cover image The Great Swim

The Great Swim

Gavin Mortimer, . . Walker, $24.95 (325pp) ISBN 978-0-8027-1595-1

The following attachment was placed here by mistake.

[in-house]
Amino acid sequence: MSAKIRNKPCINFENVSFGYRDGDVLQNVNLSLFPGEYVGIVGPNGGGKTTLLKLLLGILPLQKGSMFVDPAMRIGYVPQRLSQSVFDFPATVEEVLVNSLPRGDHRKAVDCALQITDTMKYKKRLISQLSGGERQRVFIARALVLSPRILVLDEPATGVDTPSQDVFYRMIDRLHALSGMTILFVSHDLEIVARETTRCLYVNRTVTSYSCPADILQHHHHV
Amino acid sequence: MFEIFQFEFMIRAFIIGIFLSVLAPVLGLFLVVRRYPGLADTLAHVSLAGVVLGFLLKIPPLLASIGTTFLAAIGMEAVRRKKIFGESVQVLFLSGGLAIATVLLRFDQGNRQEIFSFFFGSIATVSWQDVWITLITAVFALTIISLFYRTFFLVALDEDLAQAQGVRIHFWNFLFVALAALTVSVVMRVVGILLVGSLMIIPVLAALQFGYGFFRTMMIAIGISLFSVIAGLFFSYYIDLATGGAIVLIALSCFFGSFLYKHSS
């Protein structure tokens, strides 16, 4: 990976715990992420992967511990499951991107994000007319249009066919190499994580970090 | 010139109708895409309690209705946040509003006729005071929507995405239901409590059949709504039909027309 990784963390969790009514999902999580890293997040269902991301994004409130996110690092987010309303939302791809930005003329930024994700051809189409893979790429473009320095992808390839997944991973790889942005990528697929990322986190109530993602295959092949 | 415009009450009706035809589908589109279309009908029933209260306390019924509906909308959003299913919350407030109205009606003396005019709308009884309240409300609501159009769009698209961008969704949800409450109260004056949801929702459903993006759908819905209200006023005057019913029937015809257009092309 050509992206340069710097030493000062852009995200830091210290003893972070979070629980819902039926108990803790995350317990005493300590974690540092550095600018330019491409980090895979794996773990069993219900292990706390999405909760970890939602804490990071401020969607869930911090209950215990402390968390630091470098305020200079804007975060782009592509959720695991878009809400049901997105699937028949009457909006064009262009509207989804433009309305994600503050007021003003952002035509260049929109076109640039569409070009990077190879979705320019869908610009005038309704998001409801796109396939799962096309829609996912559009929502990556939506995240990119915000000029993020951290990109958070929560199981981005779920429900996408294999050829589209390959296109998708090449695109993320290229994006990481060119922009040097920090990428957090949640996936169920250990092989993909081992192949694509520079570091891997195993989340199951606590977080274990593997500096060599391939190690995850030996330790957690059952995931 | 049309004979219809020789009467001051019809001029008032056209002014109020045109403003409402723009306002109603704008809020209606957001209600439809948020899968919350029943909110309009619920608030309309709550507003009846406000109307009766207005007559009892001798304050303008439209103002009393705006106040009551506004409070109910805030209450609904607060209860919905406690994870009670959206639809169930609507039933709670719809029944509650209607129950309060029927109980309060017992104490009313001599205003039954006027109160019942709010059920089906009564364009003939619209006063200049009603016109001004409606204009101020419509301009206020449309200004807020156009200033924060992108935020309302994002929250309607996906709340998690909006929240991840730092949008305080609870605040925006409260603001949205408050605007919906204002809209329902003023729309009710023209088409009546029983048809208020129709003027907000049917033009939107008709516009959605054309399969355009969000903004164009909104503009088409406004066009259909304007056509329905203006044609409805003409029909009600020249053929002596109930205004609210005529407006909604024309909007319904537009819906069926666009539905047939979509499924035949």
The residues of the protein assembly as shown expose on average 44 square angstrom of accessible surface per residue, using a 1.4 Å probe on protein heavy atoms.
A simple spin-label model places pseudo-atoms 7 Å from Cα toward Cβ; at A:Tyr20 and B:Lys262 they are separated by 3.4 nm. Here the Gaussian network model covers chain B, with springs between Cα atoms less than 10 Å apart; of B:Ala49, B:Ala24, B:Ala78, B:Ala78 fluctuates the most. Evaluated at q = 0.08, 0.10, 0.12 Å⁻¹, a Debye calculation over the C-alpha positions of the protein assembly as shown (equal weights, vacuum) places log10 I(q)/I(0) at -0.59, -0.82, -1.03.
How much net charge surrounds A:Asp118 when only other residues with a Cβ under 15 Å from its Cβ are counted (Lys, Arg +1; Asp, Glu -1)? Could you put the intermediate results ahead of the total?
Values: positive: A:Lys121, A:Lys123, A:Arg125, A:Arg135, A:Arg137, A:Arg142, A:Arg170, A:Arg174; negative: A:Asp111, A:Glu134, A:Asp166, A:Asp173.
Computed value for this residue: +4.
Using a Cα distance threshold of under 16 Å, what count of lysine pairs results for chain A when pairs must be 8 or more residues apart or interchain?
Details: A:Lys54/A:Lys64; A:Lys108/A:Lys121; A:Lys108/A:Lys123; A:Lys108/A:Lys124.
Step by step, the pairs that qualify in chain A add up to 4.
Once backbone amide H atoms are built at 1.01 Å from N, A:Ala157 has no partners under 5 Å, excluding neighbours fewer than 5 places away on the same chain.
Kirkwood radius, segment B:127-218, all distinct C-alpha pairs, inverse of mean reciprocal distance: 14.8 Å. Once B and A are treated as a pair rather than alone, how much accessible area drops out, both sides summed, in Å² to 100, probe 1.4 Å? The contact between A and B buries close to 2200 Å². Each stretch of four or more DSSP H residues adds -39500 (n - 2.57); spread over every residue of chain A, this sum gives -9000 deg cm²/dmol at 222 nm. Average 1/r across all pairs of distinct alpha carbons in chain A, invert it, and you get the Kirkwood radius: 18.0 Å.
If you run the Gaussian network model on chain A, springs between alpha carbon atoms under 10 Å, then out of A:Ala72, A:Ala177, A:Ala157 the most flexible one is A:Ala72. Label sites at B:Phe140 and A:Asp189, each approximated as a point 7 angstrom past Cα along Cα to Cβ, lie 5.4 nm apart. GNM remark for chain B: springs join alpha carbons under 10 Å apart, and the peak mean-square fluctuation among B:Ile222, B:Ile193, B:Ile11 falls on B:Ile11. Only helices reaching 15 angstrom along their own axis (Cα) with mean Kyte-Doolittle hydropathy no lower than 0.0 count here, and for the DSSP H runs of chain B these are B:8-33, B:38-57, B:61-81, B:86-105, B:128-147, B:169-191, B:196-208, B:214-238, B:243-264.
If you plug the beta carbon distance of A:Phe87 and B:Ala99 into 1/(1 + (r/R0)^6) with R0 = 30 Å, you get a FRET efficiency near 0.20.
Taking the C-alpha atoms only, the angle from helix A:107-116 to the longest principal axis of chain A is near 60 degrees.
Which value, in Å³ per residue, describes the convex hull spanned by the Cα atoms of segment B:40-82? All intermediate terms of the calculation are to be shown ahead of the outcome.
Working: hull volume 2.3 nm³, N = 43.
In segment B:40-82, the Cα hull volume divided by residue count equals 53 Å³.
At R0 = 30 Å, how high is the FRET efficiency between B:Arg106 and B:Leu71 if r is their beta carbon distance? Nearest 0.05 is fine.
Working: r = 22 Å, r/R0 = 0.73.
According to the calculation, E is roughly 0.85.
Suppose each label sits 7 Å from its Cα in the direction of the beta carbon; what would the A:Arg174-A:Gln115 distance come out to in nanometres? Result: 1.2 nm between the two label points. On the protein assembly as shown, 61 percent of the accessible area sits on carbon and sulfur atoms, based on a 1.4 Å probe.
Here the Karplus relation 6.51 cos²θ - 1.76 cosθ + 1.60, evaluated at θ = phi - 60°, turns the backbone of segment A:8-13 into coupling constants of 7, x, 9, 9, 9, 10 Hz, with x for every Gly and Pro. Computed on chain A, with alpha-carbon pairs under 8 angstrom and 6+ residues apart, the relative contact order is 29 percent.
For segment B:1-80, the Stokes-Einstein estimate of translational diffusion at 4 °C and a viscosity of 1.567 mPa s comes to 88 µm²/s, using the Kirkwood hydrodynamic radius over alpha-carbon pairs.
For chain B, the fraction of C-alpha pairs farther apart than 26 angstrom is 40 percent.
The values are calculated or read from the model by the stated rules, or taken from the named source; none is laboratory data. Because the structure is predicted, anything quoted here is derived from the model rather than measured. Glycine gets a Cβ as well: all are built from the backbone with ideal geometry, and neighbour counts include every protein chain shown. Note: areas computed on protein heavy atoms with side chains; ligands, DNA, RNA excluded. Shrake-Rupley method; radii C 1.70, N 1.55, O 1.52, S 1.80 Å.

In 1926, when Gertrude Ederle became the first woman to swim the English Channel, the event was publicized around the world, and she was celebrated as an American hero in a series of public events, including a ticker-tape parade in New York City. Yet when she died in 2003 at the age of 97, her accomplishment was often mentioned in newspaper obituaries in only a few brief lines. British journalist and historian Mortimer has done Ederle—and sports history in general—a huge service in this wonderfully written book by detailing what was one of the biggest media events of the 1920s: the attempt by four Americans to become the first woman to swim and survive the brutal waters of the channel. He explores in great depth their differing personalities as well as the effects the race had on their lives. He also explains the cultural impact of the “great Swim,” such as how the “revolution” in women's bathing suits from a “neck-to-knee bathing dress over woolen tights and shoes” to a two-piece bathing suit was a key event in getting the International Olympic Committee to begin incorporating more swimming events into its women's schedule. (Feb.)